Task 7: Option 1

Classroom Activity: Modifying an existing Scratch Boat Race game (Boat Race by CodeClubRik: https://scratch.mit.edu/projects/63957956/)

Ideally, this activity should take place after the students have been taught how to use Scratch and its programming functions. Students should be familiar with the blocks and how they work together. This particular classroom activity involves students playing the Boat Race individually or in pairs using the school iPads or computers. Following which, students should be given the opportunity to share their thoughts about the game – what they liked and what they thought could be improved. Students should be given the unplugged version of the Scratch blocks (teachers can print out the programmed code for this particular game) and asked to decompose the current program. In groups, students should use their knowledge of abstraction to identify if there are any unnecessary blocks and the most important blocks. Students work with the unplugged version and discuss possible ways to improve the current Scratch Boat Race game. In subsequent lessons, students attempt to modify the Scratch program to make the game more challenging and/or exciting.

Advanced students: For advanced students, teachers can even get students to try to form the code without seeing the inside of the Boat Race program. This will challenge students to apply what they know and understand of how the Scratch blocks work, and combine that with their understanding of the game. This is a type of content differentiation that will provide challenge for the more advanced students, which will in turn increase engagement and sustain effort according to the Universal Design for Learning guidelines.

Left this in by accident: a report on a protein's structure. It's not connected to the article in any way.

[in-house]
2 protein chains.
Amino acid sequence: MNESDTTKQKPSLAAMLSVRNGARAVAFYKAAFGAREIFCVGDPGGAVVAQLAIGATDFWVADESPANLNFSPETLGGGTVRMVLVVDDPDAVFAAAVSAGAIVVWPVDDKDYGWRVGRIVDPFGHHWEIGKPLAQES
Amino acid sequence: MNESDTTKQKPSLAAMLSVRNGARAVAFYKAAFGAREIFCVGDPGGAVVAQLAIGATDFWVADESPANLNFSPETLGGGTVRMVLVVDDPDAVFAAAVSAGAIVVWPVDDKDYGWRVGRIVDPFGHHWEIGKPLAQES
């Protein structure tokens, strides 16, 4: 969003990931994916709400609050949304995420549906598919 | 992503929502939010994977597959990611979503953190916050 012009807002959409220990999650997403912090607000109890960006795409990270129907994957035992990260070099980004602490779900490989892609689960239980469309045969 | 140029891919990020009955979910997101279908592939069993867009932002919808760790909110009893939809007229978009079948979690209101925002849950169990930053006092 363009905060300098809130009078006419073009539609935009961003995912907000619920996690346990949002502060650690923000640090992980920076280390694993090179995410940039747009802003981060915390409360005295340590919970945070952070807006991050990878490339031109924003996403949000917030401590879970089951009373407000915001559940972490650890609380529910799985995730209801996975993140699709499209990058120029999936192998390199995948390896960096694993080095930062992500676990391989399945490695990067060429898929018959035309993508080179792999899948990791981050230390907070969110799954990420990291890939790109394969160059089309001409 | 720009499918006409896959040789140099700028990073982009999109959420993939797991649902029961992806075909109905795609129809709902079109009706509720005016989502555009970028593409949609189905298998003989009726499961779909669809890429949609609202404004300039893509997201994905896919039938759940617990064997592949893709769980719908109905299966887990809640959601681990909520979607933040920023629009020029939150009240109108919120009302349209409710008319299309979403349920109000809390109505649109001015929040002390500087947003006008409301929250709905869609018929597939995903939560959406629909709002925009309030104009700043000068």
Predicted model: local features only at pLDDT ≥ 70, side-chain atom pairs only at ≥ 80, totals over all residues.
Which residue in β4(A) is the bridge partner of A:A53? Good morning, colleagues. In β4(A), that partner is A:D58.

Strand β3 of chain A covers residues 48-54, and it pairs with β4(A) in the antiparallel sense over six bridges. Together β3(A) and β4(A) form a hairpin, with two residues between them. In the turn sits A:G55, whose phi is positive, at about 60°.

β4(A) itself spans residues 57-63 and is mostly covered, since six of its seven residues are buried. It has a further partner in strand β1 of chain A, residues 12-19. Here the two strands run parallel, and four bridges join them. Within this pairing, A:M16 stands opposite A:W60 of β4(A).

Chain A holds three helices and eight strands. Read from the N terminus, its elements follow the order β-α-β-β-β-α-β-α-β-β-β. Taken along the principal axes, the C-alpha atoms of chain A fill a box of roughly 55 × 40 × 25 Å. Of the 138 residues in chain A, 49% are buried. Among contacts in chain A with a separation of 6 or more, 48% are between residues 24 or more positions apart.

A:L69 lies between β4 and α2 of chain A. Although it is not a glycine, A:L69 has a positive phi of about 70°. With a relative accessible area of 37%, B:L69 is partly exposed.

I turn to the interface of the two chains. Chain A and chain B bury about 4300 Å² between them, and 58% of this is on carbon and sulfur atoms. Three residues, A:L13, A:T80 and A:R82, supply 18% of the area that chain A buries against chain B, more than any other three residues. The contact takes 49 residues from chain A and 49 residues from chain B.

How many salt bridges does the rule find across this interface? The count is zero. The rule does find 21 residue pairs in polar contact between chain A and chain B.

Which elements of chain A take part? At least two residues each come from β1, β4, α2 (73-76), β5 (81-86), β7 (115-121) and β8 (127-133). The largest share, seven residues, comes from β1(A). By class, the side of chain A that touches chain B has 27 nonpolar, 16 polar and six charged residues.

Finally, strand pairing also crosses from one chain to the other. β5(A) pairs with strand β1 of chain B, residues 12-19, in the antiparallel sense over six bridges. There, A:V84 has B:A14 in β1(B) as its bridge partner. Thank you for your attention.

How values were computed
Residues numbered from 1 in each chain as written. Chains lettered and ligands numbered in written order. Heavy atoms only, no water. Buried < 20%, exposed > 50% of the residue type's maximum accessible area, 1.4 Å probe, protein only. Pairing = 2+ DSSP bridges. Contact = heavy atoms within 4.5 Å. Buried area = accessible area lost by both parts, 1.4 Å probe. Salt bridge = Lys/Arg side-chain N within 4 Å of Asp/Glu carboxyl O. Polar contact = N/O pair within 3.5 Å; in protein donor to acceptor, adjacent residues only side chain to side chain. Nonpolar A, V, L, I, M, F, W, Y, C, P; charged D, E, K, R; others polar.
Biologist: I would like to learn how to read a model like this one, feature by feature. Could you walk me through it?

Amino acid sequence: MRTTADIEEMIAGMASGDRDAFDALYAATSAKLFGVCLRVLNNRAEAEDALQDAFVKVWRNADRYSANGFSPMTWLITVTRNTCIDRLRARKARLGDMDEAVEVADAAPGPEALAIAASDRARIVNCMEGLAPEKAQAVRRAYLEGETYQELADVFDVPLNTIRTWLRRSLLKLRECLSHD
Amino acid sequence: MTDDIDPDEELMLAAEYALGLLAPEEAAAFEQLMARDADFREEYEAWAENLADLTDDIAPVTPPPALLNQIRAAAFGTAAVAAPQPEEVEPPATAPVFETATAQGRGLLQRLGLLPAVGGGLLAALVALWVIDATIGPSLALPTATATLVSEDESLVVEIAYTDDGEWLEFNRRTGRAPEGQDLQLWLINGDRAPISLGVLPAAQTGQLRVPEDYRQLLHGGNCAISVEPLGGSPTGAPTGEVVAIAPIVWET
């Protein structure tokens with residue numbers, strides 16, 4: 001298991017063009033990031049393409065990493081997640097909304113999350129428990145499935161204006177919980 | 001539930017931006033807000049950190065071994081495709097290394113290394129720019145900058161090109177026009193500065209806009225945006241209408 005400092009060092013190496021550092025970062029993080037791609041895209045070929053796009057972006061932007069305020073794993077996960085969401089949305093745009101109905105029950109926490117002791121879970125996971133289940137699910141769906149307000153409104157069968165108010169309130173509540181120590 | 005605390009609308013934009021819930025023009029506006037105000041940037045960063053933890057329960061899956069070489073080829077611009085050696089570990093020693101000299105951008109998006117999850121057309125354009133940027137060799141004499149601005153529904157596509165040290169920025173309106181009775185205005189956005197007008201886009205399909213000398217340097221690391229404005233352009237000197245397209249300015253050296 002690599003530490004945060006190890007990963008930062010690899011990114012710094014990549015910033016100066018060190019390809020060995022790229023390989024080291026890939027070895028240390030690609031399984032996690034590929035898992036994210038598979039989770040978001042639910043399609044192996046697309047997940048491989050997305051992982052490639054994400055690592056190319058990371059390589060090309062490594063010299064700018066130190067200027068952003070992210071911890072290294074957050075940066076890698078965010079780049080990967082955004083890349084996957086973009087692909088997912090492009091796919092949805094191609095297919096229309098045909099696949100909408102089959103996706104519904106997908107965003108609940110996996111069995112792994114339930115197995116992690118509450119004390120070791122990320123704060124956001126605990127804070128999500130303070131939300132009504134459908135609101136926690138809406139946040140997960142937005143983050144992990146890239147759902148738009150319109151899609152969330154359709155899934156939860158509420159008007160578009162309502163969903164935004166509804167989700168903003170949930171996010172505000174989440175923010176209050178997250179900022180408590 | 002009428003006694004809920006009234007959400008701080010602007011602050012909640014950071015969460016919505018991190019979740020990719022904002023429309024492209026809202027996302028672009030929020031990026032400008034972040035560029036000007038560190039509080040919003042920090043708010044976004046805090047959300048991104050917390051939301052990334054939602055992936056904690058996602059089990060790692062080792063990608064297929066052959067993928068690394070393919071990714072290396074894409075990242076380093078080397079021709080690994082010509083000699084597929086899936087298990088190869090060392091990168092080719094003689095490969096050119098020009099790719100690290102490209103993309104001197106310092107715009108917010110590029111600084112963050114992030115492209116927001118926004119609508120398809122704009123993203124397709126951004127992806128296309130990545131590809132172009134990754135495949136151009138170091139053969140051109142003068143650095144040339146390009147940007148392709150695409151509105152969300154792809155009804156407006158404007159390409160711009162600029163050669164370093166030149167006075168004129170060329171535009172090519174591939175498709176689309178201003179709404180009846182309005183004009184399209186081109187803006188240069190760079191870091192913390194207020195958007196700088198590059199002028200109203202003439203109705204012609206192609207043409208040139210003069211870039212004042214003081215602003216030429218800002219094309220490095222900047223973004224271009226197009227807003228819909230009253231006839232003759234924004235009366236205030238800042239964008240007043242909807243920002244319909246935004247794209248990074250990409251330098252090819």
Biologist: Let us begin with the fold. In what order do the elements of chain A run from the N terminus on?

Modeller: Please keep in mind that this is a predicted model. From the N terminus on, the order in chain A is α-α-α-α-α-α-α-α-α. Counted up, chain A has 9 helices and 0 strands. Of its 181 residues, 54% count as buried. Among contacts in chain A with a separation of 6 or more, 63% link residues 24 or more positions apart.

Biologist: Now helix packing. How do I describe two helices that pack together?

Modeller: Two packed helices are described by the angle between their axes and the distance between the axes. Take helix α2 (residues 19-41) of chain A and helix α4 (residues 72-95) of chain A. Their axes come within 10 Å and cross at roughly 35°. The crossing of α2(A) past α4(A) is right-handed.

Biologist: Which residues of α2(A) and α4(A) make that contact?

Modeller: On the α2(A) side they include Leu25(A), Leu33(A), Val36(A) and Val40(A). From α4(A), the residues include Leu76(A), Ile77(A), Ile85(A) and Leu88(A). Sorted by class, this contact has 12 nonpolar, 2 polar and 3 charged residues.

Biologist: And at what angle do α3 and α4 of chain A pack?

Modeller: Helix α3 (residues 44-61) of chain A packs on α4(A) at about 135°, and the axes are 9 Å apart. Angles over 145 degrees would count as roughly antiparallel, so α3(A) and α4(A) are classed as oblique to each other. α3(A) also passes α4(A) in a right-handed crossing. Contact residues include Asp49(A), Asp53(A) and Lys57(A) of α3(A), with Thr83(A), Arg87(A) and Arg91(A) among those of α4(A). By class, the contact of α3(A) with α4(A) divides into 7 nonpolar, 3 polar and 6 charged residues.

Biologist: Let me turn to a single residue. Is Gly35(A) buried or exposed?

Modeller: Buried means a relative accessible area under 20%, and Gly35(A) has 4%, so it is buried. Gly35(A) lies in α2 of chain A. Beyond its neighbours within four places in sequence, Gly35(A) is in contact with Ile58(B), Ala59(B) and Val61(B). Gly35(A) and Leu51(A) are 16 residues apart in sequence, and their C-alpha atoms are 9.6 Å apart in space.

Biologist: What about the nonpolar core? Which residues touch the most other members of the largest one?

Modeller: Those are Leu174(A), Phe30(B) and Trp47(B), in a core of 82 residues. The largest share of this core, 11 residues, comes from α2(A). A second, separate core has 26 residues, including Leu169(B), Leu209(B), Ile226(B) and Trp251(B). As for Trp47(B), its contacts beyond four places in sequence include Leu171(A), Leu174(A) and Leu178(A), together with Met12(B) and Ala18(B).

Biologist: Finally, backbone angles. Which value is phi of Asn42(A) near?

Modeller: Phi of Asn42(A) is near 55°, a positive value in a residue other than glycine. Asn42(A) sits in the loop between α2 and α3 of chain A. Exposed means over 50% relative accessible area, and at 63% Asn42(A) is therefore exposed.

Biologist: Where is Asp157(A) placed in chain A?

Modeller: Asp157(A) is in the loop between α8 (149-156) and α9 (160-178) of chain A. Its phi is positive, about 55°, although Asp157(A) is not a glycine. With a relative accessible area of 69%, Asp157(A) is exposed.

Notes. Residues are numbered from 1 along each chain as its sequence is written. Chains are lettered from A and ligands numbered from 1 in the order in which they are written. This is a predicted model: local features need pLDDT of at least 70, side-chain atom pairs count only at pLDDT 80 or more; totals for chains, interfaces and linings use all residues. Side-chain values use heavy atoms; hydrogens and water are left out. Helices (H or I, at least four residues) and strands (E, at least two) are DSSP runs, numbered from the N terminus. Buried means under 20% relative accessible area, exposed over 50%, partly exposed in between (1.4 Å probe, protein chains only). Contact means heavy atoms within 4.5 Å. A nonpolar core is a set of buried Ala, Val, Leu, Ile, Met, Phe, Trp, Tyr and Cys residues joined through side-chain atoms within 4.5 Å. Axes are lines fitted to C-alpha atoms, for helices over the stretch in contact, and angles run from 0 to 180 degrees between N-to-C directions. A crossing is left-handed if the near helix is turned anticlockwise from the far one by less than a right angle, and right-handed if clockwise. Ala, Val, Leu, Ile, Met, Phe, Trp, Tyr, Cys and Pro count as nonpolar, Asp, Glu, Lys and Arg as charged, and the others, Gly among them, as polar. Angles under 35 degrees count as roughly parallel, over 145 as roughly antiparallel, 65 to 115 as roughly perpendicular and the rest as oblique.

Based on the SOLO Taxonomy model, such a modification activity allows students to work within the relational level in which students apply what they know in new contexts, provide constructive criticism to improve the program and justify their responses.

Curriculum links and Integration: Through this classroom activity, students develop processing and production skills such as develop and communicate alternative solutions and follow design ideas, using annotated diagrams, storyboards and appropriate technical terms (WATPPS29), and work independently, or collaboratively when required, to plan, develop and communicate ideas and information for solutions (WATPPS32). The program code for this activity can be integrated into the Year 6 Mathematics curriculum when students are introduced the Cartesian coordinate system using all four quadrants (ACMMG143). Students will have to understand the positions of the x and y axes and what positive and negative values on the x and y axes represent. There are also elements of angles in the program code, which can be a good way for Years 4-6 students to apply their knowledge of angles (ACMMG089, ACMMG112, ACMMG141). The understanding of movement being affected by forces can be a great way to integrate both Design and Technologies (Years 3-5: ACTDEK011, ACTDEK020) and Science (ACSSU076) into the lesson.


Criticisms/concerns: There are multiple elements in the Boat Race program. Teachers must scaffold and guide students through the many layers that work together for the Boat Race to work. For example, changes in costume and colour that have an effect on how the game is played. Teachers would need to be familiar with the entire code for this game to be confident in conducting this lesson. Students may need more guidance through the steps and teachers might wish to create their own Scratch cards so that students can follow the instructions at their own pace as well as be able to go back to check that they have completed the steps accurately.

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